The hardness of slow-cooled (at cooling rate 0.57°C/min) and water-quenched Cu-Al-Ni alloys (with 10.0-14.5% Al and 0.0-14.0% Ni) was measured, and the phase in the alloys was observed. And the interrelations of the hardness, the phase, the Aluminium and the Nickel content etc. were studied. The main results obtained are as follows: (1) On the slow-cooled specimens the maximum of hardness appears in alloys with 10.0-10.5% Al and about 10% Ni, and in those with above 11.2% Al and 0-2% Ni. (2) On the water-quenched specimens the hardness of alloys with 10.0-10.5% Al lowers slightly according to the increase of Nickel content, and that of the alloys with above 11.2% Al reaches the maximum at a certain Nickel content. The maximum of alloys with 11.2-13.0% Al migrates to the side with more Nickel content according to the increase of Aluminium content. (3) The α phase increases and the δ phase decreases according to the increase of Nickel content. (4) The grain size of the α phase in alloys with below 12.0% Al and rich Nickel content and of the δ phase in those with above 12.0% Al and rich Nickel content become extremely small.
In the previous papers, some of the present authors reported the test carried out of the repeated tension impact about unnotched specimens of some metals to find the impact fatigue curves for wider ranges of the number of repetitions, and clarified the discontinuity of their curves. In this paper, we have performed similar tests about the specimens which had various circumferential notches made respectively of 0.17%C steel, 0.82%C steel and copper, covering the number of repetitions N=1∼106 in order to study the effects of notch on impact fatigue curves. The summary of the experimental results is as follows; (1) Like the impact fatigue curves of unnotched specimens in the previous paper, the curves of notched specimens consists of two curves, one is plastic fatigue curve, the other is true fatigue curve, which are found to be discontinuous. (2) The impact value at N=1 decreases when the radius ρ of notch becomes smaller. The plastic fatigue curves start from the impact value at N=1 for each type of the specimen, and at small number of repetitions they cross over each other as shown in Figs. 2, 12 and 16. (3) The impact fatigue strength at N=105∼106 in the true fatigue region are estimated from the results of the experiments as shown in Tables IV. V and VI.
The constant stress and the constant deflection test were carried out of the rotating and bending fatigue of Ni-Cr-Mo steel cantilever in the plastic range at the frequency of 62rpm and at different temperatures, respectively at room temperature, at 350°C and at 550°C. In the constant stress test, the change of vertical and horizontal deflection at the loading end of the test specimen was observed. In the constant deflection test, the change of stress was also observed. The test results were discussed and compared with those obtained on the 0.35% carbon steels reported in the previous issue. The main conclusions of the results are as follows: 1) It has been found in the constant stress test that the fatigue life is longest at room temperature, and falls respectively at 350°C and at 550°C. In the constant deflection test the fatigue life is approximately equal both at room temperature and at 350°C but remarkably falls at 550°C. 2) The changes of deflection in the constant stress test and changes of stress in the constant deflection test have shown difference according to the temperature. On the whole they show opposite tendency. 3) These results in both the tests have been compared based on the static bending test. The constant deflection is found stronger than the constant stress both at room temperature and at 350°C, but reverse at 550°C.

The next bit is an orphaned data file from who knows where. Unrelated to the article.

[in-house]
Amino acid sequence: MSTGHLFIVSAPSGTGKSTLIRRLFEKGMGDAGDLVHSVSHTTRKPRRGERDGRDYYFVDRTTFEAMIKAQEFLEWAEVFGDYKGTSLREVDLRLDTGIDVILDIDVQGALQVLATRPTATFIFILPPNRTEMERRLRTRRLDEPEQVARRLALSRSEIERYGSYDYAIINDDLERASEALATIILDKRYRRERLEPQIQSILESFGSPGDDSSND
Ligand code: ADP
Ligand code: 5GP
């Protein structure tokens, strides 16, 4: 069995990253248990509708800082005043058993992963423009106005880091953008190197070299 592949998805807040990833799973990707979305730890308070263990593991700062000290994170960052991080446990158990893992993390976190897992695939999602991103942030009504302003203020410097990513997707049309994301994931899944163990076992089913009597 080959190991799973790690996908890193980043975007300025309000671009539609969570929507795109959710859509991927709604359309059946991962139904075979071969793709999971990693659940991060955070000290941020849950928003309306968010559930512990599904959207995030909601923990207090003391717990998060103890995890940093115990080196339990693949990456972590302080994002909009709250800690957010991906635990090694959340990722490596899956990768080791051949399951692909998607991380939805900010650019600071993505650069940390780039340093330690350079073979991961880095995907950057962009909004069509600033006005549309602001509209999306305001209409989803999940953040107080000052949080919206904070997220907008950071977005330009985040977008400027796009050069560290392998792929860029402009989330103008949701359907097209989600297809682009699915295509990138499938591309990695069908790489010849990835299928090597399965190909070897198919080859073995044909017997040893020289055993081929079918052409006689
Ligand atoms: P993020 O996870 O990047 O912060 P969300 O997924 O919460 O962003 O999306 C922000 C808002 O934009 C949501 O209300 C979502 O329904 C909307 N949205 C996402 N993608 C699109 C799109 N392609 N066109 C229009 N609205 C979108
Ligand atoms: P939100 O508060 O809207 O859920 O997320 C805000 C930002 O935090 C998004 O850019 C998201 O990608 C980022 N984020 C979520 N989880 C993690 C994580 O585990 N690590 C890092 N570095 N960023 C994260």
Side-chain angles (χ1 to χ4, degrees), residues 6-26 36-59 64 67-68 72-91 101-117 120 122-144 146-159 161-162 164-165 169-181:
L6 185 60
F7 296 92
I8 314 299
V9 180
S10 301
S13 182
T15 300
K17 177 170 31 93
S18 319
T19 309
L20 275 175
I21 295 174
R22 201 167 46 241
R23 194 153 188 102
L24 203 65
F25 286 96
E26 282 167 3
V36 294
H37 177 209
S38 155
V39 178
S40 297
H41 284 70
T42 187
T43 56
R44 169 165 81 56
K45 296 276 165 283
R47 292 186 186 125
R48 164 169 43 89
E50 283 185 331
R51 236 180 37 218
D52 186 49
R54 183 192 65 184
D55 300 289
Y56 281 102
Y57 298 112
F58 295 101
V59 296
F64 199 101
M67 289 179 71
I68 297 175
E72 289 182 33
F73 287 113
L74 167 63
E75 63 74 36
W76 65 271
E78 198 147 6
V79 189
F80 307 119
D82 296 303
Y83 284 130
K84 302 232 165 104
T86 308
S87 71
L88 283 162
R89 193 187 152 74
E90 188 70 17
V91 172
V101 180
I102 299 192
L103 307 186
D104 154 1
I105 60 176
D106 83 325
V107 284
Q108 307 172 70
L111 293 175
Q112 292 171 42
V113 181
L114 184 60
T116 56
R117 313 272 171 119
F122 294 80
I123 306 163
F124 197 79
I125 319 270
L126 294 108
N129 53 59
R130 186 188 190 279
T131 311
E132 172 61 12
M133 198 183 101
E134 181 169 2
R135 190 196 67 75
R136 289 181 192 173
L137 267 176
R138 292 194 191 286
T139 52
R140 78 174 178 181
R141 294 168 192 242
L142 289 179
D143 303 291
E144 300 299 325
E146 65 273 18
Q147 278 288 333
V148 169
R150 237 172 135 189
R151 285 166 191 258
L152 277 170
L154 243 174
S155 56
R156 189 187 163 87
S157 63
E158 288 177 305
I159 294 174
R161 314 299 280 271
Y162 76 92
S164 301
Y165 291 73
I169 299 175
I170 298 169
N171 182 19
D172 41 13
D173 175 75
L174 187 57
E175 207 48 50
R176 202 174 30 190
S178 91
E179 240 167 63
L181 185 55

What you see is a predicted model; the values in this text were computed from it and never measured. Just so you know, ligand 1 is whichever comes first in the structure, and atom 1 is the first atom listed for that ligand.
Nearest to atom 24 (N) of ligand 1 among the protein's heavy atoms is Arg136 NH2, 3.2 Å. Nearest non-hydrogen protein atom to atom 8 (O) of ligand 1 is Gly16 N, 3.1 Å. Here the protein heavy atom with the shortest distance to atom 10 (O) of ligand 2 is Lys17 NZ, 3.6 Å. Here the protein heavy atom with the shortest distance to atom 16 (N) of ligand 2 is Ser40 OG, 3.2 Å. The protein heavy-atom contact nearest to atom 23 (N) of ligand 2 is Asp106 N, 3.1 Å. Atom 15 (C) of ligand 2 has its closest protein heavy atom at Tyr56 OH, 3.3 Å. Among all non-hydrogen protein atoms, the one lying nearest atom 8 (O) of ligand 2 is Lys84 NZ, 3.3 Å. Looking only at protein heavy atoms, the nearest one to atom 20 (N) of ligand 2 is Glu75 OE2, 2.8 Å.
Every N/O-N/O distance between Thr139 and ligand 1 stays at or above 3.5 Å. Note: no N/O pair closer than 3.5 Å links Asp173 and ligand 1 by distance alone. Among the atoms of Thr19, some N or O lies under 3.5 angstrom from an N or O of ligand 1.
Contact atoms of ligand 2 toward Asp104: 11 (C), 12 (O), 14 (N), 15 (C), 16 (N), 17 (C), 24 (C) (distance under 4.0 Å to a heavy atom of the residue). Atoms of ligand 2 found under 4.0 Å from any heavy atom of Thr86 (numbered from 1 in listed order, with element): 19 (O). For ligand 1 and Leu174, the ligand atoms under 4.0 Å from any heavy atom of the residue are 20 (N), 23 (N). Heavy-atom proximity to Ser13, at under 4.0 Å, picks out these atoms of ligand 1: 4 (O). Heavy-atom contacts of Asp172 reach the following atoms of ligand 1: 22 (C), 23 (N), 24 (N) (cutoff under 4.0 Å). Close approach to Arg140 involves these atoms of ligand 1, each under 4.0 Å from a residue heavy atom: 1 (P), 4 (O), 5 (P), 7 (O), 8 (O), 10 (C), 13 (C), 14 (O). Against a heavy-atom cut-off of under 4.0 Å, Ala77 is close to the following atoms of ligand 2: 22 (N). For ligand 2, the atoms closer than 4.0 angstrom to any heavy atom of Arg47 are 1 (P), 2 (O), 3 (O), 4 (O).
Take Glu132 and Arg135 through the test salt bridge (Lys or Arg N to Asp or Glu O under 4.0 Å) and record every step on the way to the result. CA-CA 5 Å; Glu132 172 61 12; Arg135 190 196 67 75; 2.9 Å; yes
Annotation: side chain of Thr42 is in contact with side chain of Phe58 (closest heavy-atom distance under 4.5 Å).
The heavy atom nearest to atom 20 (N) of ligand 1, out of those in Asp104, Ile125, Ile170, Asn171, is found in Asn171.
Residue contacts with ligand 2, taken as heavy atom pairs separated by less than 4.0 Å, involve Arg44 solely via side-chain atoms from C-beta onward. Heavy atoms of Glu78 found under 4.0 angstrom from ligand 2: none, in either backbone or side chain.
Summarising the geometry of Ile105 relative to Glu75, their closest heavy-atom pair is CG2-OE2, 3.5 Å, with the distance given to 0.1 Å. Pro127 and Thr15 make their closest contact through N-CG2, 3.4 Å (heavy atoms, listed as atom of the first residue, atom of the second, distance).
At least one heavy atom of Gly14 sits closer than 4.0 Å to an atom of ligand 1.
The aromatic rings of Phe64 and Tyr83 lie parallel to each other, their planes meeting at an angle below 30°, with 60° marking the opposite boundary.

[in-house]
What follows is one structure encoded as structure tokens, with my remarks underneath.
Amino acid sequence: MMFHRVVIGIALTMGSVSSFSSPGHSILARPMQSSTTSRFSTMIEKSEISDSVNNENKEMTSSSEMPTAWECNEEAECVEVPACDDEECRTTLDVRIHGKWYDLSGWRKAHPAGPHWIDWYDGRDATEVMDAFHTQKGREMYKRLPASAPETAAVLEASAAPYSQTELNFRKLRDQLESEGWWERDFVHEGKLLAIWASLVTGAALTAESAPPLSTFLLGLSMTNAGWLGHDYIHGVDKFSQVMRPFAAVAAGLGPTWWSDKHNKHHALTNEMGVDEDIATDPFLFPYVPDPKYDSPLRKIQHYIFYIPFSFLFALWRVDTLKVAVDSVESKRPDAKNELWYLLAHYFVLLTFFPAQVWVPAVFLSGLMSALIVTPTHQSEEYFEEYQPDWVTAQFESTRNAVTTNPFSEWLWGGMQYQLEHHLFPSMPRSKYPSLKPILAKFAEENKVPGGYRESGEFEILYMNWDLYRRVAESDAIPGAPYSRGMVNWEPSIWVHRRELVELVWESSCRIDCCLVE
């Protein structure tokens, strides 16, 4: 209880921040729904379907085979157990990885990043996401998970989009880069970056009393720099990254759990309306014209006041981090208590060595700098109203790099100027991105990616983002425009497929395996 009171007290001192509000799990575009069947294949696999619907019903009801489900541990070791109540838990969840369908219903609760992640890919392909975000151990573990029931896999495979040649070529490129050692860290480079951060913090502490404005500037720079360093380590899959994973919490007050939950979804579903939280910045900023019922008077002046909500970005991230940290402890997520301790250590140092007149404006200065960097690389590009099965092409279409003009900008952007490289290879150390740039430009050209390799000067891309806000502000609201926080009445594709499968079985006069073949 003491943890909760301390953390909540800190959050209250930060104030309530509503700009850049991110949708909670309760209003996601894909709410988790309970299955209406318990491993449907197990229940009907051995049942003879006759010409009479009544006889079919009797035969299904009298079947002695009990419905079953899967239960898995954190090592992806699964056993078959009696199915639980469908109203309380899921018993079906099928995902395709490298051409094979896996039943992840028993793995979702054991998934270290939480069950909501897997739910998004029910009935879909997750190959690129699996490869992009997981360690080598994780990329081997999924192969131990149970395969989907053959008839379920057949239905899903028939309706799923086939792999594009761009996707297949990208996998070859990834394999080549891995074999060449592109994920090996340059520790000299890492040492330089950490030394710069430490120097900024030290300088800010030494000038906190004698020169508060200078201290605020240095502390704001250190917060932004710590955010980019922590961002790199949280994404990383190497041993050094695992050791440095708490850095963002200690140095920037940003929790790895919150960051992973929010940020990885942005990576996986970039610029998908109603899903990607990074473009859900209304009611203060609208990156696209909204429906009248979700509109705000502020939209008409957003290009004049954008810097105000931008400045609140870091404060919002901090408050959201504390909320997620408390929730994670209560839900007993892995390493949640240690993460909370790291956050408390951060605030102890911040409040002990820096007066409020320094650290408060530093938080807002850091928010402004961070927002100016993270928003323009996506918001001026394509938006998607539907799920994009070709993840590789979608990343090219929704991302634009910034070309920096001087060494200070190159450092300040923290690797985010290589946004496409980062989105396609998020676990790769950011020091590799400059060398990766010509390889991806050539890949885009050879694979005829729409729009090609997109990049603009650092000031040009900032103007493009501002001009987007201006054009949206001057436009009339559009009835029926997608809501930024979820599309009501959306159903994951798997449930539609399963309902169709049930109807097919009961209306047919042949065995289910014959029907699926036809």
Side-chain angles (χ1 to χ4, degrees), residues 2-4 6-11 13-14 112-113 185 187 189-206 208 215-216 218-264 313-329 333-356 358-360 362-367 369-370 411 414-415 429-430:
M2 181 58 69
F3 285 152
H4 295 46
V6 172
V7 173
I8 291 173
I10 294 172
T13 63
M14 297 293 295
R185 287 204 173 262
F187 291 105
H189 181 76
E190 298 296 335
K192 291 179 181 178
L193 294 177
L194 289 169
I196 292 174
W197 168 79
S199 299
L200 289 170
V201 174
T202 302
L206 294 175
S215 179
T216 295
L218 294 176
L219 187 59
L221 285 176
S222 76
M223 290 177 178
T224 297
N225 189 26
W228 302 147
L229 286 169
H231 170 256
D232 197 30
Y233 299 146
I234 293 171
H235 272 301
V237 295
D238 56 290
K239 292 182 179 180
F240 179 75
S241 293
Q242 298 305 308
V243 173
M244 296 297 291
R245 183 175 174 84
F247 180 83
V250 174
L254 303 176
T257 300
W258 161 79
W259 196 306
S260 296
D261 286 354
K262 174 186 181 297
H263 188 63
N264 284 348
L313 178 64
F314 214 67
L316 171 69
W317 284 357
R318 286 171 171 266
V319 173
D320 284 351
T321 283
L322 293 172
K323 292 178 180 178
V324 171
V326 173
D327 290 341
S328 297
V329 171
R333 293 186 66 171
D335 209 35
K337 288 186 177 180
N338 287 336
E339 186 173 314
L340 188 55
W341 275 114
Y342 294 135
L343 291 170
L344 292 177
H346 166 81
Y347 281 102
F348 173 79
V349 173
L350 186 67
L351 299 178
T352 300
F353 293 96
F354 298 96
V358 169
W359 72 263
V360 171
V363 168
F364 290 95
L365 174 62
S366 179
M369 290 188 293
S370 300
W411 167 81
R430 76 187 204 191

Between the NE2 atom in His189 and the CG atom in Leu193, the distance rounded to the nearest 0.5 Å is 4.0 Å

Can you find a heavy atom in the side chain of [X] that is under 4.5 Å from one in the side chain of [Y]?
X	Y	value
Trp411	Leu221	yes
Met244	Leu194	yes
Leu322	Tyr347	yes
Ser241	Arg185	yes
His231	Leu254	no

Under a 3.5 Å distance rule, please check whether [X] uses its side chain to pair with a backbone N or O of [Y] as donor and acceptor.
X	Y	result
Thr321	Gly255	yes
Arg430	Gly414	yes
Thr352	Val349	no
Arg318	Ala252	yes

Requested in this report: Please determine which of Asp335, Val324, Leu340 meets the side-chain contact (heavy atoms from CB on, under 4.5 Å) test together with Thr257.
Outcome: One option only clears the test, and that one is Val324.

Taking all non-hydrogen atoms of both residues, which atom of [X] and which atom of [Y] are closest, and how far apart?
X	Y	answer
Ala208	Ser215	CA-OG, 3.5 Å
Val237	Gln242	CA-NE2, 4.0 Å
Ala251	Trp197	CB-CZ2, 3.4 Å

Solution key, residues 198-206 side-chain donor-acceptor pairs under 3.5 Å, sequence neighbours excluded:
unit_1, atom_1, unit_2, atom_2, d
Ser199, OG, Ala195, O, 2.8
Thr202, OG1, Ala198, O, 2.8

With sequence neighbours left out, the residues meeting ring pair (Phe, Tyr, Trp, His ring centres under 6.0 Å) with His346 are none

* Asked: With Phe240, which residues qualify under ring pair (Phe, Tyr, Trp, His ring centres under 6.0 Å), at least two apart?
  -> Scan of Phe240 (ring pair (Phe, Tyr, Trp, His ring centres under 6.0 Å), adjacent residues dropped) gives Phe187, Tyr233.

Considerable cavitation erosion has recently been observed in high-speed boats of a certain class on their propellers after a continuous high speed operation of only several hours. Such cavitation erosion occurred within a small area of the propeller-blade roots. The present study has been made with the object of finding effective means for the prevention of the cavitation erosion. High Mn-Al bronze and high Ni-Al bronze propellers were prepared for this study. The high-speed boat was equipped with two propellers, and was operated for 4 hours at the rate of over 30 knots per hour. The results obtained are as follows: (1) It is confirmed that cavitation erosion resistance of high Mn-Al bronze propeller is more efficacious than that of high Ni-Al bronze. (2) It is supposed that two materials better than Al bronze (AlBC3) about cavitation erosion resistance have been found. (3) The tendency shown in the present operating test is the same as the result of the magnetostrictive cavitation test.